I read Berlin Game last week and moved straight on to the sequel. And talk about plots thickening.
Mexico Set is the story of Bernard Samson, career spy, sent to Mexico City to initiate the ‘enrolment’ of a KGB agent named Erich Stinnes. Winning Stinnes’ trust and successfully bringing him to London are the least of Samson’s worries. His career prospects are basically in a departmental waste paper basket after the events of Berlin Game, and his personal life is in an even worse mess.
Samson actually met Stinnes towards the end of Berlin Game (he was introduced in such a way it was clear he’d come back later). The two have much in common: natural field agents more at home in Berlin than their respective countries, both passed over for promotion, both acutely aware of their value to the other side, both with massive chips on their shoulders.
‘Moskvin’s a desk man, is he?’
‘Yes,’ said Stinnes. ‘And I hate desk men.’
‘So do I,’ I said feelingly.
Allowed to get along with Stinnes in his own way, Samson could handle the enrolment with no difficulty. But he is constantly undermined by his colleagues in the field and in London, and he is beset by amateurs.
Amateurs keep their eyes on the target instead of looking over their shoulders.
Samson, of course, trusts nobody, but right now nobody trusts him, either. Is he being managed out of the service, tempted to defect, or lined up to be the scapegoat to end all scapegoats?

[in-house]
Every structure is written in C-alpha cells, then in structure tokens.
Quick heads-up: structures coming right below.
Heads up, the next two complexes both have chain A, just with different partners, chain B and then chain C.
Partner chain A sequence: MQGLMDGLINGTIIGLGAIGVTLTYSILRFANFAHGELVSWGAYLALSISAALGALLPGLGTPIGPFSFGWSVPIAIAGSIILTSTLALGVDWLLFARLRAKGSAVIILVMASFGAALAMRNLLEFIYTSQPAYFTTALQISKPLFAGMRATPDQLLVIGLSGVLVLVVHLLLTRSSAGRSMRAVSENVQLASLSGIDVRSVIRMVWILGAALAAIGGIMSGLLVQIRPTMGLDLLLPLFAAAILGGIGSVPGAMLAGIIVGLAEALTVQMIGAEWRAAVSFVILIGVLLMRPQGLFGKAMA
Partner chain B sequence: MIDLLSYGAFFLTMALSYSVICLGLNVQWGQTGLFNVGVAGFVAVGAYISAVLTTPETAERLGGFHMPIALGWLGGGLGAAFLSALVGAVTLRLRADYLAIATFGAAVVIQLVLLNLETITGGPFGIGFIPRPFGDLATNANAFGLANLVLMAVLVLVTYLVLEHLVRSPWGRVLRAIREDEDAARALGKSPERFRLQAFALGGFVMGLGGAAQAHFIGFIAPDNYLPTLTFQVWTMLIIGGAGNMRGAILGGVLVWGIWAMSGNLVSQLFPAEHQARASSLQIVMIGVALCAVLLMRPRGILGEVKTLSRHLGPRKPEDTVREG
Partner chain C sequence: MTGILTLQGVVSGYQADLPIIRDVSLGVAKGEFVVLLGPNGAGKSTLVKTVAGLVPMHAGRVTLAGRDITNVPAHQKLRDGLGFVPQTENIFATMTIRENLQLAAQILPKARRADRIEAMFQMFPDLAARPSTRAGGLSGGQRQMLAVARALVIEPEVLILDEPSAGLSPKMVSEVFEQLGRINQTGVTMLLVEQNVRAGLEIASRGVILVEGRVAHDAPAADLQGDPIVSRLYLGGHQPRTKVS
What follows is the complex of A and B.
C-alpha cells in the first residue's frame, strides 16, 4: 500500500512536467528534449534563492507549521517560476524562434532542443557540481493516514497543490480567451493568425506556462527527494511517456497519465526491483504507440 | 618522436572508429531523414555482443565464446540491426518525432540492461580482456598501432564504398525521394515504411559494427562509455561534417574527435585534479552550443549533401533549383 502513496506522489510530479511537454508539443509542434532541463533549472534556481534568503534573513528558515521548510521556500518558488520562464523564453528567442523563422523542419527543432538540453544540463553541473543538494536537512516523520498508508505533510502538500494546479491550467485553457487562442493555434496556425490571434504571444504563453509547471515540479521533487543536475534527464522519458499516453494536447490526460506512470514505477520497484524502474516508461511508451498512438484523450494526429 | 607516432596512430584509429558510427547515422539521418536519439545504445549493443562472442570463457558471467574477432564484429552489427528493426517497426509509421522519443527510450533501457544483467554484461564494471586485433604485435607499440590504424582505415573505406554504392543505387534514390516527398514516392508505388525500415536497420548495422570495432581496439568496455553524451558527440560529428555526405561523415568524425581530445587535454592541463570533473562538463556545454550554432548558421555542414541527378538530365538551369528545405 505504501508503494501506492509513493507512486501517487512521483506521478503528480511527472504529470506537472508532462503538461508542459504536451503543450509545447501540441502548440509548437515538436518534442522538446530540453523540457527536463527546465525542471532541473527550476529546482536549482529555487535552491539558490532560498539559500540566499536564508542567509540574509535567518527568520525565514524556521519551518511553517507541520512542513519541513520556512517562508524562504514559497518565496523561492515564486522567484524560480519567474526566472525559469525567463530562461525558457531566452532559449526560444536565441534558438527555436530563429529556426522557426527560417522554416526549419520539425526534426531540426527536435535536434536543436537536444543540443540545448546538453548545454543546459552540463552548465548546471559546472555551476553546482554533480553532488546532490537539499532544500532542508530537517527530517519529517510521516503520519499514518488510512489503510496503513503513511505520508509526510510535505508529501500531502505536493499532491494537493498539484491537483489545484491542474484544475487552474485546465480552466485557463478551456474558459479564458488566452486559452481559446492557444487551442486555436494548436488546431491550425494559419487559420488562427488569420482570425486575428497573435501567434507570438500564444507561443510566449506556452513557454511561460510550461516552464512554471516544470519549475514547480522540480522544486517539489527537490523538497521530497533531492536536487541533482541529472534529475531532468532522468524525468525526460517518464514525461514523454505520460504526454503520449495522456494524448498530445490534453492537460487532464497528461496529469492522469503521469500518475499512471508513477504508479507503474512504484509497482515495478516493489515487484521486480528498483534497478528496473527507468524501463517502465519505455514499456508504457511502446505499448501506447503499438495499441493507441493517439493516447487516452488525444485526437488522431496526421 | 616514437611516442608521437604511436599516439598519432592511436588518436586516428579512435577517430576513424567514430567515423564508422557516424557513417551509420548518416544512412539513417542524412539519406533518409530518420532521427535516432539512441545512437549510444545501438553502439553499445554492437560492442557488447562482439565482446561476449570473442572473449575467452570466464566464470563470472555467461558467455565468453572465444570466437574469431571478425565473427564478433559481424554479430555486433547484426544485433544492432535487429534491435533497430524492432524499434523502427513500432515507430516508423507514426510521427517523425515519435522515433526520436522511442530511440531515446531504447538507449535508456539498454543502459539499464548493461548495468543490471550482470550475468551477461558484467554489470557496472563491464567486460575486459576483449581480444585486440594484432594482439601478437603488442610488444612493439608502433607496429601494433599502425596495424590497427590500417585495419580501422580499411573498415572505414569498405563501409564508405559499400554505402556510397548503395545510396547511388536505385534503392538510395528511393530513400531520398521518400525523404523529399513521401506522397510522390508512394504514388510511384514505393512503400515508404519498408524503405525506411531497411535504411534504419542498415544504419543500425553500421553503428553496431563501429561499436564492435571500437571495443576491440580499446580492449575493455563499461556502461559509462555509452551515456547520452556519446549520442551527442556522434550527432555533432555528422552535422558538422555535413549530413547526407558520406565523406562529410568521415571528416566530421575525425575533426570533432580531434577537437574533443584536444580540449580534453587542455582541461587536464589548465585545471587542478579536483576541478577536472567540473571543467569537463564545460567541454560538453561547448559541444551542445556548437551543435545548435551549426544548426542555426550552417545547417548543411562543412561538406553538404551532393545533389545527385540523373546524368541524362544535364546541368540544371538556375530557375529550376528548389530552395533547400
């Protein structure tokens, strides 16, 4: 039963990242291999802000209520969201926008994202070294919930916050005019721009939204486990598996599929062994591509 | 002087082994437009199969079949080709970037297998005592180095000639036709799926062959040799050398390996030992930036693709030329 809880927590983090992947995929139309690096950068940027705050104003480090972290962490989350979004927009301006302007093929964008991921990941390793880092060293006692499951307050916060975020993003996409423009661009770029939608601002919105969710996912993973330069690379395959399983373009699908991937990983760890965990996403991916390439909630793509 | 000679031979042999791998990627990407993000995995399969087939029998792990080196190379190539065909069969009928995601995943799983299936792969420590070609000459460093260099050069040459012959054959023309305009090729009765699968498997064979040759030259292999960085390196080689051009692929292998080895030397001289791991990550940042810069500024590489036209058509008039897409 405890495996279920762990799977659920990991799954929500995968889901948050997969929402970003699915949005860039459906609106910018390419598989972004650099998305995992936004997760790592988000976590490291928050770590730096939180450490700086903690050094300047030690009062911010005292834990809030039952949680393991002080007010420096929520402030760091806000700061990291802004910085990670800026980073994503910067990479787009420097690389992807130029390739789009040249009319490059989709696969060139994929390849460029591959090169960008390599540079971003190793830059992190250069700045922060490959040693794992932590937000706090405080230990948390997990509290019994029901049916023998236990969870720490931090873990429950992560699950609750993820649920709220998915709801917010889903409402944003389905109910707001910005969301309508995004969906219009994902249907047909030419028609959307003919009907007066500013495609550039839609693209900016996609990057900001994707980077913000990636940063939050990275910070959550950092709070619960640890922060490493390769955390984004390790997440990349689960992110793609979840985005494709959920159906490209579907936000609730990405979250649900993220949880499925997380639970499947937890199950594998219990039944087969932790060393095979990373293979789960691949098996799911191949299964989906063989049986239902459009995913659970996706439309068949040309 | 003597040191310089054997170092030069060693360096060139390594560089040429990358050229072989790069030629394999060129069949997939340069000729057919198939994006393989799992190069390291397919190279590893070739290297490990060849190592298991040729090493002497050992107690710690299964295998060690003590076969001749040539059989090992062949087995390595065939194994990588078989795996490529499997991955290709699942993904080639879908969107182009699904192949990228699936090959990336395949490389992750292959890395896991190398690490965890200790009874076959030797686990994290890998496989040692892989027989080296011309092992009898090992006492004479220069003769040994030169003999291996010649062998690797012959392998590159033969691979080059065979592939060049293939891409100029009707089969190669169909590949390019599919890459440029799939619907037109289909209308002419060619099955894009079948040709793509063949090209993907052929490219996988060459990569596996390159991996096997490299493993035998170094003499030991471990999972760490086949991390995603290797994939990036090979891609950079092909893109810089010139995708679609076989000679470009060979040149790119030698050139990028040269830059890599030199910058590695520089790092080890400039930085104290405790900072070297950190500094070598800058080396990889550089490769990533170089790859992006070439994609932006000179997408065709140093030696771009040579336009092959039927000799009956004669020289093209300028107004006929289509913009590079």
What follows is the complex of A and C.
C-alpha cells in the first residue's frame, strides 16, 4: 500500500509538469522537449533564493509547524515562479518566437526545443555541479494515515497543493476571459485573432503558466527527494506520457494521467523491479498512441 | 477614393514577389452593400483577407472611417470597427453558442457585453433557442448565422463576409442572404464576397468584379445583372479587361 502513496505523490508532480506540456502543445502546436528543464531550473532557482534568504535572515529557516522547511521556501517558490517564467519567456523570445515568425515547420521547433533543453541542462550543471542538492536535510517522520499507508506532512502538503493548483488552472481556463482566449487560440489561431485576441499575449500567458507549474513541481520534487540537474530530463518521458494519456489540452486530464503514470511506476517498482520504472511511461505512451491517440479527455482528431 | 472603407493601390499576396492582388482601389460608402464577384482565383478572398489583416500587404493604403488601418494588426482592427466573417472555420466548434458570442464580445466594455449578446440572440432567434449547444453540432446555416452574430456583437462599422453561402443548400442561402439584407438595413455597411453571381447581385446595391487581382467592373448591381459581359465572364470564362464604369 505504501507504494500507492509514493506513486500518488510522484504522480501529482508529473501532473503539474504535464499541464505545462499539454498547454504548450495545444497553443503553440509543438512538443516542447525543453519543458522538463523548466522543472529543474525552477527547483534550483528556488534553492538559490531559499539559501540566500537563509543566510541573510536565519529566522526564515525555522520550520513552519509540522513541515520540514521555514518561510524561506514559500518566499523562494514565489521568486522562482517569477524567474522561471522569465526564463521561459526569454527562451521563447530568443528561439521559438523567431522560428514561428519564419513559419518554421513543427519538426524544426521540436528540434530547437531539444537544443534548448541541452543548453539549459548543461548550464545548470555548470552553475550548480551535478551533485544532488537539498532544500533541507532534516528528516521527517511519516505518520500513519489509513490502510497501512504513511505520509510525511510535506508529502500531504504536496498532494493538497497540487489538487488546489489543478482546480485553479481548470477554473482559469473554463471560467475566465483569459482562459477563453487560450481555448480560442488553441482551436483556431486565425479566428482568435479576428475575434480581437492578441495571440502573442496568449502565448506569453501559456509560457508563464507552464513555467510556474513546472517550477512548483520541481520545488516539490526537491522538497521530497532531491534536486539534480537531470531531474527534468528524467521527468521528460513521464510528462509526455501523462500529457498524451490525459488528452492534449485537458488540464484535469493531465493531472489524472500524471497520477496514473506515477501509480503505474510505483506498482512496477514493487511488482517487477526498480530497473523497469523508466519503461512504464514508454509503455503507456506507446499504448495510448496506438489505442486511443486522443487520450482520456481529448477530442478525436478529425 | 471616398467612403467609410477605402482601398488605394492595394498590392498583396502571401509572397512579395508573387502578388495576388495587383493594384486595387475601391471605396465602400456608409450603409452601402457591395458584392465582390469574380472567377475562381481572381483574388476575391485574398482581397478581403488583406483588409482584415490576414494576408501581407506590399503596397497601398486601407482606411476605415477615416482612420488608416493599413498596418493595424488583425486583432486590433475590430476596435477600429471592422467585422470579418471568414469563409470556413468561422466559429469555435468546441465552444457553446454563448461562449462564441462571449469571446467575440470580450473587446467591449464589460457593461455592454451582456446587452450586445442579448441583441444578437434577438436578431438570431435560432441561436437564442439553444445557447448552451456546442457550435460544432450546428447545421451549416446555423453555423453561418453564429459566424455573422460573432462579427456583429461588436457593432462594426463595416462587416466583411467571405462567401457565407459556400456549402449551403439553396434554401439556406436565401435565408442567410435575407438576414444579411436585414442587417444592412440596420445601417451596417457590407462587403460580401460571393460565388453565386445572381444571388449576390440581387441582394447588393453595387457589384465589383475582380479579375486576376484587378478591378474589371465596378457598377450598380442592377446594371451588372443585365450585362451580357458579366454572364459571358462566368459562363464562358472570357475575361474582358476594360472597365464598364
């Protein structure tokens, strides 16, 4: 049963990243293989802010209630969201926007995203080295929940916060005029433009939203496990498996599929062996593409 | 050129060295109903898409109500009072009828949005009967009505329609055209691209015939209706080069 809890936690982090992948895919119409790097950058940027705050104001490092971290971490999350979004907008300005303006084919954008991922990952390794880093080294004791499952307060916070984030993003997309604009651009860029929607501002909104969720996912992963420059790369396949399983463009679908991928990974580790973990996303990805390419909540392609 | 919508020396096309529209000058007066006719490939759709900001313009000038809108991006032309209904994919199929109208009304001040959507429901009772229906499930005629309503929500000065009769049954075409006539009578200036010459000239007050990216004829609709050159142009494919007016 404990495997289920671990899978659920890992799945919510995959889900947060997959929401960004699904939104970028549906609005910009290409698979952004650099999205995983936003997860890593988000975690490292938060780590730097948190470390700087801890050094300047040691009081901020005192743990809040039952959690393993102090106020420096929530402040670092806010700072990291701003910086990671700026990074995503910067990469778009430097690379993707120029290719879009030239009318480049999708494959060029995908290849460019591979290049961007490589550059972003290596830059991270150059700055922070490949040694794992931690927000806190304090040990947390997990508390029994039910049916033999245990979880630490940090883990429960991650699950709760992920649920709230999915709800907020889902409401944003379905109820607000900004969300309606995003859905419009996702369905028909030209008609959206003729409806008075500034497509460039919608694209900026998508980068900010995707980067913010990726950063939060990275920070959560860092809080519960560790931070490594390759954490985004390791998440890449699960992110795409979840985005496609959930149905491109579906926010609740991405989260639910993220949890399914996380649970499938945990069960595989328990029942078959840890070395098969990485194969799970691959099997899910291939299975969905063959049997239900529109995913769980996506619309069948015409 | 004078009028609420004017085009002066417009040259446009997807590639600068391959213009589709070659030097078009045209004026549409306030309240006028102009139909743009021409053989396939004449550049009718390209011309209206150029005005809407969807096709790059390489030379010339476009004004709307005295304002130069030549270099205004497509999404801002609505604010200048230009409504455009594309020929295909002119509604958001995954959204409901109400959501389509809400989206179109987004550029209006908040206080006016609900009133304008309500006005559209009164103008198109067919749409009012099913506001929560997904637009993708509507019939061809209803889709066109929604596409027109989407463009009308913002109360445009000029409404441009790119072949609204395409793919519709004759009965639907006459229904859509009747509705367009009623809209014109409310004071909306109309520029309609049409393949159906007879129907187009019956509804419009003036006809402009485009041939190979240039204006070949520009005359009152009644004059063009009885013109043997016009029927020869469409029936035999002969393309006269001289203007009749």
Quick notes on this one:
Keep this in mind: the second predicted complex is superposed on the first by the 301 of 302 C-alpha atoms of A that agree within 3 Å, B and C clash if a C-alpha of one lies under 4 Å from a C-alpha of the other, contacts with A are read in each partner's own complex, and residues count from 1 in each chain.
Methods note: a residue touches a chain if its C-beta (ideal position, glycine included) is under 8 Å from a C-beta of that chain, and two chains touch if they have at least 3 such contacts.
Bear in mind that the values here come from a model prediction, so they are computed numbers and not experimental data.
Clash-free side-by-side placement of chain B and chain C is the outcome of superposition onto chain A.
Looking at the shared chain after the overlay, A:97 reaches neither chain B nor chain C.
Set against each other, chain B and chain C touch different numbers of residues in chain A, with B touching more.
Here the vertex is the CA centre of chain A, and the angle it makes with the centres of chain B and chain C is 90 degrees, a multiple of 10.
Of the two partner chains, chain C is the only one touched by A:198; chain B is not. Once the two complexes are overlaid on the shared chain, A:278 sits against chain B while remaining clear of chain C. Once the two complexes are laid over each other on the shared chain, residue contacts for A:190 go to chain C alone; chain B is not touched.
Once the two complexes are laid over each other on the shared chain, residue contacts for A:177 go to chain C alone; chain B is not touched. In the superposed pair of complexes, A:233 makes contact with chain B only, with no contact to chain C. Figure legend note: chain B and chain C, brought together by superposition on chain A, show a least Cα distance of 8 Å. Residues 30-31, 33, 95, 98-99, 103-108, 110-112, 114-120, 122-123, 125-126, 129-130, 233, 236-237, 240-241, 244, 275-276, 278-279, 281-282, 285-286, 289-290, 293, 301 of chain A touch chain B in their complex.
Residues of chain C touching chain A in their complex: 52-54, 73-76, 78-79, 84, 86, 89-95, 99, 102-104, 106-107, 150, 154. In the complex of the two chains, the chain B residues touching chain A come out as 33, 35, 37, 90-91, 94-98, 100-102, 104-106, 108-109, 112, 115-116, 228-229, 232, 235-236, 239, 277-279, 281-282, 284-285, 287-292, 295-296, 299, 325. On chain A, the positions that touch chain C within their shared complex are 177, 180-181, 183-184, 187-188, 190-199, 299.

Meanwhile, we meet Samson’s extended family, starting with his obnoxious and domineering father-in-law. Then his spoilt sister-in-law, drinking only champagne for her health, comes to stay, making Samson’s relationship with her self-made millionaire husband extremely awkward. The family stuff isn’t just ‘soap’ but that’s all I’m saying about that.
His old schoolfriend Werner Volkmann, a born spy, is vital to the action, but Werner’s pretty young wife Zena, always with an eye on making a quick buck, gets herself in over her head.
And through it all the beleaguered Samson soldiers on, protected only by his talents, his hard-won experience, and his sardonic wit.
Either they didn’t plan to get rough, or they planned to get so rough that one extra victim would make no difference.
There are some excellent set pieces. The finale in Mexico City is absolutely outstanding, but before that we are treated to a kangaroo court in London Central which is even better.
If I have a criticism, it is that there were a few sections of the book which are essentially just exposition. Chapter 3 finds Samson conveniently placed to eavesdrop on a conversation between Stinnes and his sidekick Moskvin. In chapter 16 he gets a 2-page lecture from a border guard about the many dangerous barriers that lie between East and West Germany.
But overall, this series is shaping up to be one of my favourites. Funny and clever. On to Paris Match…
Clothes in Books: ‘Bernard, mentions a character as having a PhD in office politics, and that’s a qualification you would have to give Deighton: who knows whether he ever actually was a spy, but you’d put good money on his having worked in offices while he cast a sharp eye about him. He is really excellent, and very very funny, on the way hierarchies work.’ It’s literally a good review.
Final destination: Awaiting my opinion of the rest of the trilogy.
Past Offences by Rich Westwood is licensed under a Creative Commons Attribution-NonCommercial-NoDerivs 3.0 Unported License.